What you have said rings true. This diagnosis has shattered what was left of my sense of self rather than helping me identify a problem to find the solution. After all, maybe having a lack of identity is an identity. Certainly enough for there to be a psychological diagnosis for it. I have always described the feeling of depression, when it hits me again, akin to getting hit in the head with a bat. Not the overall feeling, the immediate feeling of being in shock and disbelief that you just got hit in the head with a bat. There is numbness and an expectation of pain. But absolute befuddlement. This diagnosis is like the next bit. Where you feel the effects of being hit, being caught up in the pain and the consequences. Still in shock but feeling everything. Only, this time, someone has pointed out to you, that you've been hit in the head, that your head is wired differently so that entire experience of being hit in the head is skewed and you have to learn how to properly experience getting hit in the head. It certainly is very frustrating.

With my parents, it is what it is, if I let myself feel their reactions toward my mental health, I would be worse off than I am now, and that's a bad state of affairs. My bro, well, his reply was quite a surprise to me actually. He hasn't shown the most sensitivity towards those with mental health issue like depression, the intangible ones. So close but in different ways, not in a way where we talk about out emotions to each other. Things have to get pretty drastic for us to do that, or emote. For me anyway. He has cried in front of me and told me his feelings on occasion, more than I have to him. So, new territory, and I will take it slowly.

I tried the achievements bit. I cannot do that well at all. I recently found I got an HD on the last math unit I did. I was elated for about 4 minutes and proceeded to have massive anxiety about the unit I'm doing now. It doesn't even register as mine anymore.

I have started exercising, but I don't sleep well, even on my meds so I'm always exhausted. And the journaling. I do that, but I write letters to my Nan who has long since passed away, makes it better somehow. Like I am talking to someone. I am quite alone here, no friends and you know about my parents, so this, takes the edge off slightly. But, I have reached those moments where I say the same thing and get fed up. I some times sketch or write things obsessively in place of writing feelings. Scribbling angrily can be quite cathartic.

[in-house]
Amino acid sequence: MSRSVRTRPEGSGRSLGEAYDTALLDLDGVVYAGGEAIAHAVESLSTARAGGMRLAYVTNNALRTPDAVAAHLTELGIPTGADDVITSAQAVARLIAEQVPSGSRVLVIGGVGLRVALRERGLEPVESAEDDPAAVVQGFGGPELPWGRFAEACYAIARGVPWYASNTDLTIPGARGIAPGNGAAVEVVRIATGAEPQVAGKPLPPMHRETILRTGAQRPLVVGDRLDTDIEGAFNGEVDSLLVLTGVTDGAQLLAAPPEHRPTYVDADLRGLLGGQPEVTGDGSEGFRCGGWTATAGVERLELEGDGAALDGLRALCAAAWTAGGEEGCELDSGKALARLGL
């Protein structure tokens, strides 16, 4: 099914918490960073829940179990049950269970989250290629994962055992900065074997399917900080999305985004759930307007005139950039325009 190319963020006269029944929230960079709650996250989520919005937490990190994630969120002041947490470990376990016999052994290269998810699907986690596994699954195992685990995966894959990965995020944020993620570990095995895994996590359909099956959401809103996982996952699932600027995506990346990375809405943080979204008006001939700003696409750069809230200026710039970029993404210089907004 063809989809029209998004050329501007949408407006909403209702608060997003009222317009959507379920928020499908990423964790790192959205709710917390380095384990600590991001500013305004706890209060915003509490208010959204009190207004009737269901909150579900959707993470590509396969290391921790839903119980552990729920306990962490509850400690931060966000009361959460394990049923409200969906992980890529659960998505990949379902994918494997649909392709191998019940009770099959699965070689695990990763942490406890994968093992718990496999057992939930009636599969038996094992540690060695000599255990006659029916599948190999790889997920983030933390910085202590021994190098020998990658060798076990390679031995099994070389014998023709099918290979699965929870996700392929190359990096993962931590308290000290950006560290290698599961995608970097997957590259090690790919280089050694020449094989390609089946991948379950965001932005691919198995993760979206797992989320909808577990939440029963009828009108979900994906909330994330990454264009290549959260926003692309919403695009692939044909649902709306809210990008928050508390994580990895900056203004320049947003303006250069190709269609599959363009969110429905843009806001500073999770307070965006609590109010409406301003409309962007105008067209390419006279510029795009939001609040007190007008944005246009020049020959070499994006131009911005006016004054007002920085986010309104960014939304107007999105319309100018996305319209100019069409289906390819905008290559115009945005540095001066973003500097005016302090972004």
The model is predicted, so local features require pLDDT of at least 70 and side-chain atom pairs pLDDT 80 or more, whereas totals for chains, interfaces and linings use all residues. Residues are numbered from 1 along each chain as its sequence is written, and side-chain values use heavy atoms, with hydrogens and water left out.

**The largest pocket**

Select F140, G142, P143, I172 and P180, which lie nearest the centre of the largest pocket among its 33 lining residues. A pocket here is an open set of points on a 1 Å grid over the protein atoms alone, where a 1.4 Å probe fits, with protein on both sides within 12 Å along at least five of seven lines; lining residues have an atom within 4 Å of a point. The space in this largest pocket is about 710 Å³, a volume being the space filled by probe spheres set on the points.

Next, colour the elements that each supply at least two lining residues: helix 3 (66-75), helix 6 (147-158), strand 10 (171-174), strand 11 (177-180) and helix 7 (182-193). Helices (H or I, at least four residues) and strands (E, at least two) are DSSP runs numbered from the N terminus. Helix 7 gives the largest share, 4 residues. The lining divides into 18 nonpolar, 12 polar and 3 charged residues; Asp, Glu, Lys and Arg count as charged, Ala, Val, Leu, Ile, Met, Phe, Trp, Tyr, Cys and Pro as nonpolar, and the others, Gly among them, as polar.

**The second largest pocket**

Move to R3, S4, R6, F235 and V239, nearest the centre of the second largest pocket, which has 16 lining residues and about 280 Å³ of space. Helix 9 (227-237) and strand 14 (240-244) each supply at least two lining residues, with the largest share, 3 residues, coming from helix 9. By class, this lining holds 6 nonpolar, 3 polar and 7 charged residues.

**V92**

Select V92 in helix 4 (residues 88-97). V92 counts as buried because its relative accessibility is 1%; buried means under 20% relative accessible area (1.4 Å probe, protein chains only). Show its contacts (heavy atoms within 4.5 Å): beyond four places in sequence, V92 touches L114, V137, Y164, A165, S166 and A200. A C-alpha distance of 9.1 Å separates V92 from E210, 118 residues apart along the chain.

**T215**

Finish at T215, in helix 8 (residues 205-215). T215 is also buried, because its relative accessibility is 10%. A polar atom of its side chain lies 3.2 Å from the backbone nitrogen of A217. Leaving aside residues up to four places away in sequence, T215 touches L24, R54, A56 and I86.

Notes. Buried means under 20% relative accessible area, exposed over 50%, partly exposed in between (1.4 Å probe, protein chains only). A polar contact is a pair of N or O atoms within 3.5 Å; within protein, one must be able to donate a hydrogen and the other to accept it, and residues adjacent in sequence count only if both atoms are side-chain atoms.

I will say that logically, if you find comfort in you walks and aimless wondering, it ceases to be pointless and possibly the most fruitful thing you can do in the day. I'm glad you have it.

I forgot to say earlier that stress management is also recommended, because when we are stressed our symptoms can become more severe. This seems almost unattainable now, because stressed is my entire personality at the moment, hah.

Chris_B
Blue Voices Member
Blue Voices Member

Hi Joelle and James, just so you know we also have a long-running thread on BPD below. It hasn't been too active recently, but you might find some helpful posts and insights in there:

Managing borderline personality disorder


james1
Community Champion
Community Champion
Hi Joelle,

I really like your analogy. It sounds dark, but I found it a bit funny in a black humour kind of way yet the feeling is really true for me.

I remember talking to a friend once (when I was in a better mood) and I said that what I was afraid most of all was sinking back into depression. I’d had two really bad episodes before and I was just so afraid of going there again. This time, I was shocked at first that I was there then really sad and angry that I’d let myself slip. Then, that learning process you described is the bit where I fight myself for control – one part says “you just got hit – can you feel the pain”, and the other says “you think you got hit, but you should just ignore it”. And flipping between the two is just so exhausting that, now, I just feel empty like I’m too tired to care that I’m here again. And it was this last stage that I was always really afraid of.

I’m really glad that you and your brother are starting to open up to each other. I have a sister who’s 7 years younger than me and by and large, we keep out of each other’s way (not in a bad way, just because we don’t have a lot in common). But we’re always there for each other in difficult times, and that’s nice. I agree – slowly sounds appropriate given it’s a new situation.

Would you want to move back to Australia or do you feel more at home where you are? It can be really lonely just being in another country. I mean, I find it really hard even living in Australia with all my friends, let alone separate.

I understand how you feel about the writing. There comes a point where you just realise you’re saying the same thing and that makes me wonder if I really am getting better or not, and that’s not a thought I want to entertain. I also tried writing angrily which was nice, but I’d berate myself for it afterwards. So I’ve started colouring in and going ice skating. I find that with both, I need to concentrate just enough that I’m distracted, but not enough that I’m stressed. Have you given colouring a go? I guess it’d be a bit like sketching, but (for me) easier.

Haha yes, I get frustrated when people say “calm down” or “relax”. I’m not dumb – I just can’t do it.

I thought what you said here was interesting: “maybe having a lack of identity is an identity”. What are your thoughts? I was discussing this with a friend and he seemed to think it was true, but I just can’t bring myself to accept that maybe I’m a person who…isn’t a person?

James